On CNN, Trump's Lawyer Says Cherrypicked Videos May Be “More Of The Reality” Than Data On Refugees

Michael Cohen: “I Don't Want To Start Talking About Numbers. Numbers Have Not Proven To Suit Me Well ... Especially On This Station.”

From the April 11 edition of CNN's New Day:

CHRIS CUOMO (CO-HOST): Let's talk about the state of play going on with international affairs. The first question is, the president always says, I am my best advocate. I want to speak directly to the American people about what matters. Why so quiet on Syria?

MICHAEL COHEN: I think right now he's evaluating what's going on. He listens to a lot of people. He formulates, like any intelligent person would do, he formulates an answer, and that's going to be the route that he's going to take. I think President Trump sent a very clear message to Syria. He is not President Obama. He will not sit back. He will not watch the atrocities that are taking place there. And as the president of the United States of America, a compassionate man, he's going to act. 

CUOMO: Does he -- how does he feel or his take about [National Security Adviser H.R.] McMaster, [U.N. Ambassador Nikki] Haley, [Secretary of State Rex] Tillerson, [White House press secretary Sean] Spicer all saying different things? It reads as mixed messaging. 

COHEN: Well, they should be on the same message, and they should be on President Trump's message. So, maybe they do have to get together, and they have to come up with a unified statement, but it doesn't matter. The president has his own agenda. The president is going to do what the president feels is right for him, for the country, for the people that he's trying to protect.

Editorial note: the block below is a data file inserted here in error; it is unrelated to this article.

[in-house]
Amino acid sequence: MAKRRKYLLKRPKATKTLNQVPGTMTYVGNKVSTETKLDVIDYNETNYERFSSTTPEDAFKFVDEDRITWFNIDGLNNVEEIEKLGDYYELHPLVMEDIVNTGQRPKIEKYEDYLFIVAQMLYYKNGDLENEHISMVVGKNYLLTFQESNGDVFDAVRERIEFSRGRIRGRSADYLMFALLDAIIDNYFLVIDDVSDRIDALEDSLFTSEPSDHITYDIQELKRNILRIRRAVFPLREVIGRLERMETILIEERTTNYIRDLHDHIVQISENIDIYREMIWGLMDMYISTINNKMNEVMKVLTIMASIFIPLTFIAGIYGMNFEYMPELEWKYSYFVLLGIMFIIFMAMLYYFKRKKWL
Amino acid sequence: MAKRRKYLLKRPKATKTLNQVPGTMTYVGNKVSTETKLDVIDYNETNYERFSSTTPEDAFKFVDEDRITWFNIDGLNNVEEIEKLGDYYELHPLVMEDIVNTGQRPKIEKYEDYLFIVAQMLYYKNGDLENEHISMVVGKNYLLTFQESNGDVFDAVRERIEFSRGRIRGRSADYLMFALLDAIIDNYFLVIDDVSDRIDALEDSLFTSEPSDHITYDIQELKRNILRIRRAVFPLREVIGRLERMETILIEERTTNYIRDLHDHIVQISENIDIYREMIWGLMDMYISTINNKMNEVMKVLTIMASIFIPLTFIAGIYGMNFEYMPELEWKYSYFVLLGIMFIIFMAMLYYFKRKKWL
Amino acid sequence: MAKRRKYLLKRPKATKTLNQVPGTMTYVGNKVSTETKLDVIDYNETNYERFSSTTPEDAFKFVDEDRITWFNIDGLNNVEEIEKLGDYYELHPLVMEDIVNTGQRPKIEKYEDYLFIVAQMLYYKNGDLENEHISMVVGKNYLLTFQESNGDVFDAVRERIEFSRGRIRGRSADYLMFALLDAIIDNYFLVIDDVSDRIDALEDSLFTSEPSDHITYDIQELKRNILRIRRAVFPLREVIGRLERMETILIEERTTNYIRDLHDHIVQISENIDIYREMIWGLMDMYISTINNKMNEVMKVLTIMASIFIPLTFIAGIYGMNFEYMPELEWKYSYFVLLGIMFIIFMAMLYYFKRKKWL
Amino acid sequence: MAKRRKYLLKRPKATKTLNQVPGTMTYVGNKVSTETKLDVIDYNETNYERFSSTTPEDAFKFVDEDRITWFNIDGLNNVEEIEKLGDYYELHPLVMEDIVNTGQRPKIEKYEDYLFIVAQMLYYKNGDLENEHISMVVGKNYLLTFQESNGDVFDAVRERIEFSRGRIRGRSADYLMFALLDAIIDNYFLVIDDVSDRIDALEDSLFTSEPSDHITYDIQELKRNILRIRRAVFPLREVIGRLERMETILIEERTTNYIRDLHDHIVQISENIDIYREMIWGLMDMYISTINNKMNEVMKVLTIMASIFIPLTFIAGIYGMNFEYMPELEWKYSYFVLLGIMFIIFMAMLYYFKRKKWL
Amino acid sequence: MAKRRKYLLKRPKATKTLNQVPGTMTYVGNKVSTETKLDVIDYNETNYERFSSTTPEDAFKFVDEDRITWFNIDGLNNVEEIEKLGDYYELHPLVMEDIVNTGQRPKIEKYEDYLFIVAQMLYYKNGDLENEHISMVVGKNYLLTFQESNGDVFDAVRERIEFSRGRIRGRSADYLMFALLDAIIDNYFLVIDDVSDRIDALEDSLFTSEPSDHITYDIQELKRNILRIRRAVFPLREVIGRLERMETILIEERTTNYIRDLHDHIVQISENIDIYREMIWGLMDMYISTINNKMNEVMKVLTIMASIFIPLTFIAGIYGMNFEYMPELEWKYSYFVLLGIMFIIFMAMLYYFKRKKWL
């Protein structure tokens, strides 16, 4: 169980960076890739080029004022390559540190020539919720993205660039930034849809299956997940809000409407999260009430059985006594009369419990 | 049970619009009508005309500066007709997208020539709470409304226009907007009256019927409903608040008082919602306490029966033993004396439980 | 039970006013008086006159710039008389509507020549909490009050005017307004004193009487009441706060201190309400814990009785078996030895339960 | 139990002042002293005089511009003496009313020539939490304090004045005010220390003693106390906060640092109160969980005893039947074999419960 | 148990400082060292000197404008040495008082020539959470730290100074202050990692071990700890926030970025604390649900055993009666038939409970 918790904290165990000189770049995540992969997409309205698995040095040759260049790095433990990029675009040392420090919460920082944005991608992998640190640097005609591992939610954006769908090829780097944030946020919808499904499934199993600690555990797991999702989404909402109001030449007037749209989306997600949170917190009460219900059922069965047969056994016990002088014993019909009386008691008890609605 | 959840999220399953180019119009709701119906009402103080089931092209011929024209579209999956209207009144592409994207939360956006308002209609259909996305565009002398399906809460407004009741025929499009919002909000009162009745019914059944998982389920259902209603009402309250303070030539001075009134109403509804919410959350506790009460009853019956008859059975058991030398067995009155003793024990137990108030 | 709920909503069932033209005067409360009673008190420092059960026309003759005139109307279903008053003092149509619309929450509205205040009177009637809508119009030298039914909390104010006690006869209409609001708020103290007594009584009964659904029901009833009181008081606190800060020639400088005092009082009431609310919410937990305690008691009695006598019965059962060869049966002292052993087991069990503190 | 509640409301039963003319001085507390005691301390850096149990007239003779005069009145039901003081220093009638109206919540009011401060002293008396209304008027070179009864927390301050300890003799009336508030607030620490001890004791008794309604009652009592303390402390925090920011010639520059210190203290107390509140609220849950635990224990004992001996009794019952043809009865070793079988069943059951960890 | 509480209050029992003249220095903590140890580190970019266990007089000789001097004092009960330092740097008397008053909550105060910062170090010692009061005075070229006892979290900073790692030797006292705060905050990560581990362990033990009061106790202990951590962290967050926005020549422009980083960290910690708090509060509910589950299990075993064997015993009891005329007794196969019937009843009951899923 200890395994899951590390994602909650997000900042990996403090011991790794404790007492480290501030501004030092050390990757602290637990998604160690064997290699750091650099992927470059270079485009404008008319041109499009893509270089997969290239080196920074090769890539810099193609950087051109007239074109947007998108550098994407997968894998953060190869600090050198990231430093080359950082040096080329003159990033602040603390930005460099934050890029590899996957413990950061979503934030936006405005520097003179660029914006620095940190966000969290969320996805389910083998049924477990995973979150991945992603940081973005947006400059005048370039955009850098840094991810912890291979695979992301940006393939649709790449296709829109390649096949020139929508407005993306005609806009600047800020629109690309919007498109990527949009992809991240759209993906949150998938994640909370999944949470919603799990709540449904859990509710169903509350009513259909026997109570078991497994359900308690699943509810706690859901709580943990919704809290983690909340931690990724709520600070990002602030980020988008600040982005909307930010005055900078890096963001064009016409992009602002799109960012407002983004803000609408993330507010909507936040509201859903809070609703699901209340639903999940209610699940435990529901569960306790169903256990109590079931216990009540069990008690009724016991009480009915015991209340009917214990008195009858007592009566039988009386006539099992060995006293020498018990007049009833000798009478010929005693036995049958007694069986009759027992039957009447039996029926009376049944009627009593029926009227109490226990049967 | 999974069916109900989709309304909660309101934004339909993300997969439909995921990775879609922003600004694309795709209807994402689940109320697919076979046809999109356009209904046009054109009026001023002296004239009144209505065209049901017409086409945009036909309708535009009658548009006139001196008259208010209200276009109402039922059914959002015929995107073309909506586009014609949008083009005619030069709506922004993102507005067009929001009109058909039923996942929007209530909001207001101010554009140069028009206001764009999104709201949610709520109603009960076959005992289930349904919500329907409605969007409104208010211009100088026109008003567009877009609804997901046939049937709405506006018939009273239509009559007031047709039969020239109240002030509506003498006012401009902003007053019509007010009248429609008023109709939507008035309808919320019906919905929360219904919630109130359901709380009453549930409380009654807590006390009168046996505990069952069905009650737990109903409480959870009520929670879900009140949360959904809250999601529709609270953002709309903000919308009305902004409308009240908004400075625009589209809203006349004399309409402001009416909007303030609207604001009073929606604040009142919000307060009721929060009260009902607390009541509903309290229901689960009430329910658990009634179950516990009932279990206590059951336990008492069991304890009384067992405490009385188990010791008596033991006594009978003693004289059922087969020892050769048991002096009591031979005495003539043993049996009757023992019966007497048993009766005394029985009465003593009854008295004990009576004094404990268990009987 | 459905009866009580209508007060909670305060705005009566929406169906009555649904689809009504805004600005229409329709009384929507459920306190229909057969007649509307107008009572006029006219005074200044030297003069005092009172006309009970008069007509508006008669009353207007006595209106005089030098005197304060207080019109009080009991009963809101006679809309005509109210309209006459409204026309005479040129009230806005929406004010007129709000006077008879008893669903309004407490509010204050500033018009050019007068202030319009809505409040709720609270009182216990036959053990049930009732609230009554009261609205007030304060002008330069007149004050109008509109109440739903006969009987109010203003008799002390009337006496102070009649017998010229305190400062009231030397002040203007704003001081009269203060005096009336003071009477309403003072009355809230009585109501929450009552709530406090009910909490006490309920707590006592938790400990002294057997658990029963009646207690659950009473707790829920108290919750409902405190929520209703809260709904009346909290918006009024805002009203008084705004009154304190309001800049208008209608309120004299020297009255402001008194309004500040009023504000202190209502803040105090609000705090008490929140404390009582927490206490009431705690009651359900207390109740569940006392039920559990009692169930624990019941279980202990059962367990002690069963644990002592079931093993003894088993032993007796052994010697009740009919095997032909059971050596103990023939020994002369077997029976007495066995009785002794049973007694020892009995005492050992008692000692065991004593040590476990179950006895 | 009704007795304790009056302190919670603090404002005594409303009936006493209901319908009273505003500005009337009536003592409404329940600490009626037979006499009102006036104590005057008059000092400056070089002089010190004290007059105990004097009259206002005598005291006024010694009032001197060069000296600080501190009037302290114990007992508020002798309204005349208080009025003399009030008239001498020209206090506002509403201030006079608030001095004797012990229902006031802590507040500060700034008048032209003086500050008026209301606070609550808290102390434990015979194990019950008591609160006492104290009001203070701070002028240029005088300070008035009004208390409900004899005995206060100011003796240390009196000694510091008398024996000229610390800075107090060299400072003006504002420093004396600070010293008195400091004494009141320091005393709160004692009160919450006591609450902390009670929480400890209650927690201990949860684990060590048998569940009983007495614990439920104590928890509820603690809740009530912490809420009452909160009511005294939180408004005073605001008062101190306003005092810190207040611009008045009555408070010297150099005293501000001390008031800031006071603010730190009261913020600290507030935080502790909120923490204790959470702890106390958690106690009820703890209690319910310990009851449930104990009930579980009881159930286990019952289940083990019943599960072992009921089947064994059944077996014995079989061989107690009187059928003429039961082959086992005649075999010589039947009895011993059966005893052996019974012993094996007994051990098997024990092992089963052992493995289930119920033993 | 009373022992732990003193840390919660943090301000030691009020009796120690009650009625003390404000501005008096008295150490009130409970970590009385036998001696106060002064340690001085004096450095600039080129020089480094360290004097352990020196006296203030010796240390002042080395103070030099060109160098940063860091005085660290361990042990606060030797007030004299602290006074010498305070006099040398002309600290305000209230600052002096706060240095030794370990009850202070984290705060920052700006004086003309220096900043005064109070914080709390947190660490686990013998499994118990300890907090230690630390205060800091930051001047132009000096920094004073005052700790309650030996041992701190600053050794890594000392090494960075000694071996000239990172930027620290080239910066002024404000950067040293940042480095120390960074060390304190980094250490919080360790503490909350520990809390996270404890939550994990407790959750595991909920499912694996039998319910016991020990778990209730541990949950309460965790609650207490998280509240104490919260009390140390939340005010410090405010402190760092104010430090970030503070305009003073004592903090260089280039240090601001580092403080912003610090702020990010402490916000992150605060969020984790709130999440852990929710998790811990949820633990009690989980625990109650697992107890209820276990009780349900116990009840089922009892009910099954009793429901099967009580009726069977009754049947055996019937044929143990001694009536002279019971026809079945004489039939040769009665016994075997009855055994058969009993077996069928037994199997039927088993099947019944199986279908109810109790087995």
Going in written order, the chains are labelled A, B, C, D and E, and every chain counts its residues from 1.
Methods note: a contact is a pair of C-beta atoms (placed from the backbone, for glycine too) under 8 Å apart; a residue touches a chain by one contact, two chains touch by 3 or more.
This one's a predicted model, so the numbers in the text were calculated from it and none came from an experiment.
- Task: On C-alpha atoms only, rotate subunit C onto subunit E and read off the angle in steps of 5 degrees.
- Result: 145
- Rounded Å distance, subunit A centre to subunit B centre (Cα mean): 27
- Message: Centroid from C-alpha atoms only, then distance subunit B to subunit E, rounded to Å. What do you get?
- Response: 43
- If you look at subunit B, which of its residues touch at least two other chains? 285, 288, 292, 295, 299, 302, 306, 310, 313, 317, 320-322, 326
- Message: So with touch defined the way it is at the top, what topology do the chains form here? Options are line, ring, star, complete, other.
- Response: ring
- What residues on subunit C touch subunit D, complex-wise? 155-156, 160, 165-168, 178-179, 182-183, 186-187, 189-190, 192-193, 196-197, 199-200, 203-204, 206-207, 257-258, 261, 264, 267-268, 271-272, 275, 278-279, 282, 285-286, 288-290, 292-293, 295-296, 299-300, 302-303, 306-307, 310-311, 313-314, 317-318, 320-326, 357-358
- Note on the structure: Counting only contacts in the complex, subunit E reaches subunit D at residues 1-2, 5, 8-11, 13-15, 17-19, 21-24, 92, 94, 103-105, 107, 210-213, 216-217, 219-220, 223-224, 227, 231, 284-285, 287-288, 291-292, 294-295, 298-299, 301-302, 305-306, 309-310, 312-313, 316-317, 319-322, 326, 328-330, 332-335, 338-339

CUOMO: What's your gut on what that is? Because such a big part of the campaign, all the way up until last week. We have to remember that. Until last week it was, hey, leave that world's policeman thing to a bygone era. The Syrians should deal with Assad. 

COHEN: But remember something. When we were watching, whether it was here on CNN or any of the other stations, the Syrian refugees that were leaving, they weren't the young. They weren't the aged. They weren't women. They were all these 19 to 25-year-old men that when they were walking to these makeshift homes in Germany that they put up for them, it looked like a military operation.

CUOMO: But those were selective videos that some people were putting out. The numbers tell a different story, women and children at the top of the list. Yes, you have young men, but those refugees are the same people that the president is saying he cares so much about. 

COHEN: You certainly remember those visions of the men -- 

CUOMO: Yeah, the question is, why were people picking those videos? Was it misleading? The data would say yes. 

COHEN: But maybe it wasn't misleading. Maybe it was more of the reality, what was going on.

CUOMO: No, but the numbers, Michael, say it's not the reality. 

COHEN: Again, I don't want to start talking about numbers. Numbers have not proven to suit me well. 

CUOMO: Be your friend? Yeah, I know. 

COHEN: Especially on this station. 


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